• Haematology


    Hematology or as known as Haematology is the branch of medicine concerned with the study of the cause, prognosis, treatment, and prevention of diseases related to blood. It involves treating diseases that affect the production of blood and its components, such as blood cells, hemoglobin, blood proteins, bone marrow, platelets, blood vessels, spleen, and the mechanism of coagulation. Such diseases might include hemophilia, blood clots, other bleeding disorders, and blood cancers such as leukemia, multiple myeloma, and lymphoma. The laboratory analysis of blood is frequently performed by a medical technologist or medical laboratory scientist.


    Leukaemia, is a group of blood cancers that usually begin in the bone marrow and result in high numbers of abnormal blood cells. These blood cells are not fully developed and are called blasts or leukaemia cells. Symptoms may include bleeding and bruising, fatigue, fever and an increased risk of infections. These symptoms occurs due to a lack of normal blood cells. Diagnosis is typically made by blood test or bone marrow biopsy.

    The exact cause of leukaemia is unknown. A combination of genetic factors and environmental factors are believed to play a role. Risk factors include smoking, ionizing radiation, some chemicals, prior chemotherapy, and Down syndrome. People with a family history of leukaemia are also at higher risk. There are four main types of leukaemia – Acute Lymphoblastic Leukaemia (ALL), Acute Myeloid Leukaemia (AML), Chronic Lymphocytic Leukaemia (CLL) and Chronic Myeloid Leukaemia (CML) – as well as a number of less common type.

    Multiple Myeloma

    Multiple myeloma (MM), also known as plasma cell myeloma and simply myeloma, is a cancer of plasma cells, a type of white blood cell that normally produces antibodies. Often no symptoms are noticed initially. As it progresses, bone pain, anemia, kidney dysfunction, and infections may occur. Complications may include amyloidosis.

    The cause of multiple myeloma is unknown. Risk factors include obesity, radiation exposure, family history, and certain chemical. Multiple myeloma may develop from monoclonal gammopathy of undetermined significance that progresses to smoldering myeloma. The abnormal plasma cells produce abnormal antibodies, which can cause kidney problems and overly thick blood. The plasma cells can also form a mass in the bone marrow or soft tissue. When one tumor is present, it is called a plasmacytoma; more than one is called multiple myeloma. Multiple myeloma is diagnosed based on blood or urine test finding abnormal antibodies, bone marrow biopsy finding cancerous plasma cells, and medical imaging finding bone lesions. Another common finding is high blood calcium levels.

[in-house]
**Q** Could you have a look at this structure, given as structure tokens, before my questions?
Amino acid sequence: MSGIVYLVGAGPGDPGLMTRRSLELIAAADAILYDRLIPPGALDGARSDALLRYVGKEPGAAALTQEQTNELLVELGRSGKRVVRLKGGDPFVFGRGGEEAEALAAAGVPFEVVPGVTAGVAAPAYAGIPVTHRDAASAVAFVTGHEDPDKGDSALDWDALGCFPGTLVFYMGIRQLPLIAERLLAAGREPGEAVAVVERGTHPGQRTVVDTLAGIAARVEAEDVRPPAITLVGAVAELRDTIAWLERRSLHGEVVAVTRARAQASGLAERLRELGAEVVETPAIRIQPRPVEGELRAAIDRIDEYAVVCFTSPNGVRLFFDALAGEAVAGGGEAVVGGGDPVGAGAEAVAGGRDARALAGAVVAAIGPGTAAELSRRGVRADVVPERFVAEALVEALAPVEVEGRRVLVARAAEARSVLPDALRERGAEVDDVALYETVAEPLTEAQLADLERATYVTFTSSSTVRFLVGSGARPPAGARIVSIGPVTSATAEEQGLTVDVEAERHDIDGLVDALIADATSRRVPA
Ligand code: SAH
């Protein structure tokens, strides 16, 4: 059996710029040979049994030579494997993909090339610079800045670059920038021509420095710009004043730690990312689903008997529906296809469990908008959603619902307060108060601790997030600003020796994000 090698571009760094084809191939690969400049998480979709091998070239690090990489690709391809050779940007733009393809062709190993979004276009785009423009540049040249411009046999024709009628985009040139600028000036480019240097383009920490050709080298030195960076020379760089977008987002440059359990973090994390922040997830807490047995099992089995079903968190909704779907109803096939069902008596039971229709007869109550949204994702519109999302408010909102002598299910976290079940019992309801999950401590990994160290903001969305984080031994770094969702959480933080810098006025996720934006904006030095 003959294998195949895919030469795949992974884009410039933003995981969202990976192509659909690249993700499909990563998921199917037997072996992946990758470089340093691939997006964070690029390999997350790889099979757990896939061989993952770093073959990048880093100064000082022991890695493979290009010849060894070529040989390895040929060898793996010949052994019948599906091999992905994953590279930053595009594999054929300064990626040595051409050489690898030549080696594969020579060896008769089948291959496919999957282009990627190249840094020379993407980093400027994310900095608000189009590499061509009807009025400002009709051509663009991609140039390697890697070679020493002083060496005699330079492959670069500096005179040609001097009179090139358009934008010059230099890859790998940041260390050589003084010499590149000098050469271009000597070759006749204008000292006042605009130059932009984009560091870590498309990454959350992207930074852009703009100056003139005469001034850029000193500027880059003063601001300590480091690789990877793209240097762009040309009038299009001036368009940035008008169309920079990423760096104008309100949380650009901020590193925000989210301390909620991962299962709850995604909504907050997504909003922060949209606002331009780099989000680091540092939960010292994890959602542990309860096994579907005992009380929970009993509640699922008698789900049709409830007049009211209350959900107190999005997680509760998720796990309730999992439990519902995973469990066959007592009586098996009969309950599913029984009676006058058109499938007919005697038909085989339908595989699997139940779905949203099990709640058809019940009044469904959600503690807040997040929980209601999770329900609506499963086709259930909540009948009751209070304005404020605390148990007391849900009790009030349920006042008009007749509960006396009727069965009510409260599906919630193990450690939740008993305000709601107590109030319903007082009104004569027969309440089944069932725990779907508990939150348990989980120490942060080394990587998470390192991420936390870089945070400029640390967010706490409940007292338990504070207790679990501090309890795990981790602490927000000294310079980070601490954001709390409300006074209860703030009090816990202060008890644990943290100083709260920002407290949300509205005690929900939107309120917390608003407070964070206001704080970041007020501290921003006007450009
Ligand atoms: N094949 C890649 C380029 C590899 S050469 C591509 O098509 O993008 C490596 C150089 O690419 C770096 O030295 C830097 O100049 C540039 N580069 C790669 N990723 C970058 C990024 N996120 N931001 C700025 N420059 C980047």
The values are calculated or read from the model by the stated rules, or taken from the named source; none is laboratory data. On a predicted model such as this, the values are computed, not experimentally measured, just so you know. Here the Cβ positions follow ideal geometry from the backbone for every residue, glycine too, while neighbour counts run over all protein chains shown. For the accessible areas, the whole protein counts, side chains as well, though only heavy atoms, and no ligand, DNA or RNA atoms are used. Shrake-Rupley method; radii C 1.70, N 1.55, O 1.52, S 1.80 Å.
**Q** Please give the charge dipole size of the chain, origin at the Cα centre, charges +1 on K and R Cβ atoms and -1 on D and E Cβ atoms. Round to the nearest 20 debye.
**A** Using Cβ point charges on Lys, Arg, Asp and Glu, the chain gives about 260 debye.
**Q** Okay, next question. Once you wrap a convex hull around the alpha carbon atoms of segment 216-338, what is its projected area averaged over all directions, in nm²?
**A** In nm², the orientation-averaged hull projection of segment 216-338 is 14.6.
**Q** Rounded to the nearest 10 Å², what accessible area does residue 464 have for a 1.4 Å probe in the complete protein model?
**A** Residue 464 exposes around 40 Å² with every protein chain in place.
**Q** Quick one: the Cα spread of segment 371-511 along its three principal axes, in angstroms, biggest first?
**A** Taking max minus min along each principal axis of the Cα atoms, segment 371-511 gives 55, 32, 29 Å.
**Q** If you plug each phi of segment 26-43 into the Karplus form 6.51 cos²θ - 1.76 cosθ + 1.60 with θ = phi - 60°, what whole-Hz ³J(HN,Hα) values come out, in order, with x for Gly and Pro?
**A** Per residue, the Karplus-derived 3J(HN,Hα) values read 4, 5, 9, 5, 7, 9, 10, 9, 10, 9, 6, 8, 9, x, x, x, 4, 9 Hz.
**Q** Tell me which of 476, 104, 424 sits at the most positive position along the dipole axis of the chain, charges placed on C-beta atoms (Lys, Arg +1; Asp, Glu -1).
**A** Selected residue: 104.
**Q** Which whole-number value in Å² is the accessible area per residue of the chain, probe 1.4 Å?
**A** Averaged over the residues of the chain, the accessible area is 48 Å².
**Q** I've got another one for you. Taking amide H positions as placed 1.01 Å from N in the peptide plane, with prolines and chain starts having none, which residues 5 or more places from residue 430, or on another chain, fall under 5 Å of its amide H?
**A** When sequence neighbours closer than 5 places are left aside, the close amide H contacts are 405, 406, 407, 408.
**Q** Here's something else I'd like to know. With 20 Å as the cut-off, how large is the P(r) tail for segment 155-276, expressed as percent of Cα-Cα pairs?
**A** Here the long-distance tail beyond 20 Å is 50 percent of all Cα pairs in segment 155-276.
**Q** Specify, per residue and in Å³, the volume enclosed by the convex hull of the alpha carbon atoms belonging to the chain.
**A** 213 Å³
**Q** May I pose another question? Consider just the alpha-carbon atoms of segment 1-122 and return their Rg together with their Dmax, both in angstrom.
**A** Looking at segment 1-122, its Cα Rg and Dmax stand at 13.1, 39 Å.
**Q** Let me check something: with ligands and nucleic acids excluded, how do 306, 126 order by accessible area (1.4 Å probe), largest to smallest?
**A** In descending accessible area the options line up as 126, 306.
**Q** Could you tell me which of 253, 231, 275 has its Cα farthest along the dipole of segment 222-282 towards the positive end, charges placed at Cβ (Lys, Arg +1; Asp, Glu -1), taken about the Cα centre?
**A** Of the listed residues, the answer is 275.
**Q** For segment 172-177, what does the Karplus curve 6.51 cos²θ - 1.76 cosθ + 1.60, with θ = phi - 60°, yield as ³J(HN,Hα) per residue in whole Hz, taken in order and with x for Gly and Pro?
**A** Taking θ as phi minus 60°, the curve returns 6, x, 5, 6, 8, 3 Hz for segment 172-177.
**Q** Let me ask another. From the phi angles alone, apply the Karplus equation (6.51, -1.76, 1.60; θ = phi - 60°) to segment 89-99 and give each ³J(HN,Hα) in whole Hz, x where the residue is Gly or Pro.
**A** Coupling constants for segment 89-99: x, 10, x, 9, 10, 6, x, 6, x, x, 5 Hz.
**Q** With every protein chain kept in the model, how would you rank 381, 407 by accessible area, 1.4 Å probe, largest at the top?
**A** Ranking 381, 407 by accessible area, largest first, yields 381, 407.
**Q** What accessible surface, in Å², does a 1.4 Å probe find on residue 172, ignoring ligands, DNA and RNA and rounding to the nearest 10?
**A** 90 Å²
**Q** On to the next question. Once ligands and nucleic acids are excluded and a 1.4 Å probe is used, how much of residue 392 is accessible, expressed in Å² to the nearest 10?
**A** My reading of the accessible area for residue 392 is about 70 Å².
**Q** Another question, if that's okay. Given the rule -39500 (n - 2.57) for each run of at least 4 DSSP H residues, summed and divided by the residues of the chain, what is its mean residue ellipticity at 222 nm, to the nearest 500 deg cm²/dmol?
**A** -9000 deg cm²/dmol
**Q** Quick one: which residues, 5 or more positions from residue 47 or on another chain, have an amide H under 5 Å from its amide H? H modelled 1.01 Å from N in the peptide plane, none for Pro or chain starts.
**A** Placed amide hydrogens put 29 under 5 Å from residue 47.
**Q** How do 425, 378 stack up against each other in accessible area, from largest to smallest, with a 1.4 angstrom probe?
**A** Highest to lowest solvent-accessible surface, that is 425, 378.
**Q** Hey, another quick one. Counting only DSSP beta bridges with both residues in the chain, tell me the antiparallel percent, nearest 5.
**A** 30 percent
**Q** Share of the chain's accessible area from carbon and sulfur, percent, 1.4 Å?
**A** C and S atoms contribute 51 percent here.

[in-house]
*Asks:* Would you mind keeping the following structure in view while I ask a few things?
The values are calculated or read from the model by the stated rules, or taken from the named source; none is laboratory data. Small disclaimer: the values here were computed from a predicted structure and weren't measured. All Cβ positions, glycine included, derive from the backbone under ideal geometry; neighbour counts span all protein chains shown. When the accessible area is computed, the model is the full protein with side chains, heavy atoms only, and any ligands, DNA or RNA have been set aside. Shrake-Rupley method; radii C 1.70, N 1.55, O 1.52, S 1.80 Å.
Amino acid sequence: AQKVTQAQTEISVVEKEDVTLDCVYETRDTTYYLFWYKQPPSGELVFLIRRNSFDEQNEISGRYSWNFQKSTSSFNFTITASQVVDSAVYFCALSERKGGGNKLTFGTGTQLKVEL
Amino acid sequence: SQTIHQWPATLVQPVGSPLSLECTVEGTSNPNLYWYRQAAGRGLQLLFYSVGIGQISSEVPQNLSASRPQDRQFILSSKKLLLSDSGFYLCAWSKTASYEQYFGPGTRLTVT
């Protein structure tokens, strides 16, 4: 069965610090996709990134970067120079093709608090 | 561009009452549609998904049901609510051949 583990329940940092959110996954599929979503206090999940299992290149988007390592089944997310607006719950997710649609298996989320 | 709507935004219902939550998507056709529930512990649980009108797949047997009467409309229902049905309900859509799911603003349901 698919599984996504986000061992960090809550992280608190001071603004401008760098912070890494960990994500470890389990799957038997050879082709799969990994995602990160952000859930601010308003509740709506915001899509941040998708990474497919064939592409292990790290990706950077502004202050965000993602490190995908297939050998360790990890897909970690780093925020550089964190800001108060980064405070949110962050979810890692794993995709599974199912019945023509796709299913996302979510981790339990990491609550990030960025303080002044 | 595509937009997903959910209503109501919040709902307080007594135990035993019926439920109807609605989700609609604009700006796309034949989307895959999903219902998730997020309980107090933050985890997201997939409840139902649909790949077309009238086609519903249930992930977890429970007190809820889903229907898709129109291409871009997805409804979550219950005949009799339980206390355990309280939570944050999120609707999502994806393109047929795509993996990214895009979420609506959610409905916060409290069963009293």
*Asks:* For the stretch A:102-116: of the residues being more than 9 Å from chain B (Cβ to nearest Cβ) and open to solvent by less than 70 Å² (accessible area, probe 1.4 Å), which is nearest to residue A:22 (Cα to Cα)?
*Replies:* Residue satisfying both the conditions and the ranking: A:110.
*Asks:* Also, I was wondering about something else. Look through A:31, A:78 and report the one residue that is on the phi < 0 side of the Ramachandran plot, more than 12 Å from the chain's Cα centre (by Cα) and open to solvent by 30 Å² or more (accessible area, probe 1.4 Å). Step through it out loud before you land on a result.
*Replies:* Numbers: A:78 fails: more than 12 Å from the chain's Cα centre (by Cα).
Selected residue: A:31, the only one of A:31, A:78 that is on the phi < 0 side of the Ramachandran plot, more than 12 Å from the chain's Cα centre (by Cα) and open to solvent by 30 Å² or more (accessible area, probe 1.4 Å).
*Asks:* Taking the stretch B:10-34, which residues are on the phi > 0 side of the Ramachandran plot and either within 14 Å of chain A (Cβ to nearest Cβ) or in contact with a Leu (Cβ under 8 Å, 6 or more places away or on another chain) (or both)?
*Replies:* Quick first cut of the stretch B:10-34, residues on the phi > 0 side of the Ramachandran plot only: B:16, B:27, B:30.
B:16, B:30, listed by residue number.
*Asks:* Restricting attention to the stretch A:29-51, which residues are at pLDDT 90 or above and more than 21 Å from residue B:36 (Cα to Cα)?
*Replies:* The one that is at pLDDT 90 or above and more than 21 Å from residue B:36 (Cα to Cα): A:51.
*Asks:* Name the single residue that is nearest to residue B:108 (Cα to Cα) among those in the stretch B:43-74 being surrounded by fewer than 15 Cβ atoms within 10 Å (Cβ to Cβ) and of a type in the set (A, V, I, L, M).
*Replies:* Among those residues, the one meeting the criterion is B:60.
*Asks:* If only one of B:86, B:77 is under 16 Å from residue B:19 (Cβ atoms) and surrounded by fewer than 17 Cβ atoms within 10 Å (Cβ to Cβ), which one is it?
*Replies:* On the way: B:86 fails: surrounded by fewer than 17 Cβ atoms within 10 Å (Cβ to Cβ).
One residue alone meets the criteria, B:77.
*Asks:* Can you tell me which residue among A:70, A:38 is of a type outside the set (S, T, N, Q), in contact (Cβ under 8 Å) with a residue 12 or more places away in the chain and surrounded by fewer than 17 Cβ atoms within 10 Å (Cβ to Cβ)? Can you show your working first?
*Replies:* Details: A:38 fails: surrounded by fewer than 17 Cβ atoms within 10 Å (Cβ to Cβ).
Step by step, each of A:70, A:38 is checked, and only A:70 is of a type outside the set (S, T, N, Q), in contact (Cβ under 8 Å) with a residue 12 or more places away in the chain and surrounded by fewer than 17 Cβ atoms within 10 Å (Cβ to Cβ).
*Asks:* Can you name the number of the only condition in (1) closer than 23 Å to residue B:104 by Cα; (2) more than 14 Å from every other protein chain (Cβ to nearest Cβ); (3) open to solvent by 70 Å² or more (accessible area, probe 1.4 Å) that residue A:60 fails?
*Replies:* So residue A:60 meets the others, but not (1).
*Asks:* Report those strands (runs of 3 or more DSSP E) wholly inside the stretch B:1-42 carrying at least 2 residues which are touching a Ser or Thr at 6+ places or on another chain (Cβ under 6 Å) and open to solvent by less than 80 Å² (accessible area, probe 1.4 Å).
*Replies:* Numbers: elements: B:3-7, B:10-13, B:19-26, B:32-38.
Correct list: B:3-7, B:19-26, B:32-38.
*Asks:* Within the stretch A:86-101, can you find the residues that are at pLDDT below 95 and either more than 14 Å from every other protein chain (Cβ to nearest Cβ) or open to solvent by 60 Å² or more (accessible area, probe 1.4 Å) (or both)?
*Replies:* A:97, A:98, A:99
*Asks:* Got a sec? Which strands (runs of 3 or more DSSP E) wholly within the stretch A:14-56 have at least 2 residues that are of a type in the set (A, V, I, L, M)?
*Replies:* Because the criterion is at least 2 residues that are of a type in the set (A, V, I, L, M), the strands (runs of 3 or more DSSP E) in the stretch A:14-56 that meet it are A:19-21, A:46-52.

Multiple myeloma is considered treatable, but generally incurable. Remissions may be brought about with steroids, chemotherapy, targeted therapy and stem cell transplant. Bisphosphonates and radiation therapy are sometimes used to reduce pain from bone lesions.


    Lymphoma is a group of blood malignancies that develop from lymphocytes. The name often refers to just the cancerous versions rather than all such tumours. Signs and symptoms may include enlarged lymph nodes, fever, drenching sweats, unintended weight loss, itching and constantly feeling tired. The enlarged lymph nodes are usually painless. The sweats are most common at night.

    Risk factors for Hodgkin lymphoma include infection with Epstein-Barr virus and a history of the disease in the family. Risk factors for common types of Non-Hodgkin lymphomas include autoimmune diseases, HIV/AIDS, infection with human T-lymphotrophic virus, immunosuppressant medications, and some pesticides. Eating large amounts of red meats and tobacco smoking may also increase the risk. Diagnosis, if enlarged lymph nodes are present, is usually by lymph node biopsy. Blood, urine and bone marrow testing may also be useful in the diagnosis. Medical imaging may then be done to determine if and where the cancer has spread. Lymphoma most often spreads to the lungs, liver and brain.

    Treatment may involve one or more of the following: Chemotherapy, Radiation Therapy, Proton Therapy, Targeted Therapy, and surgery.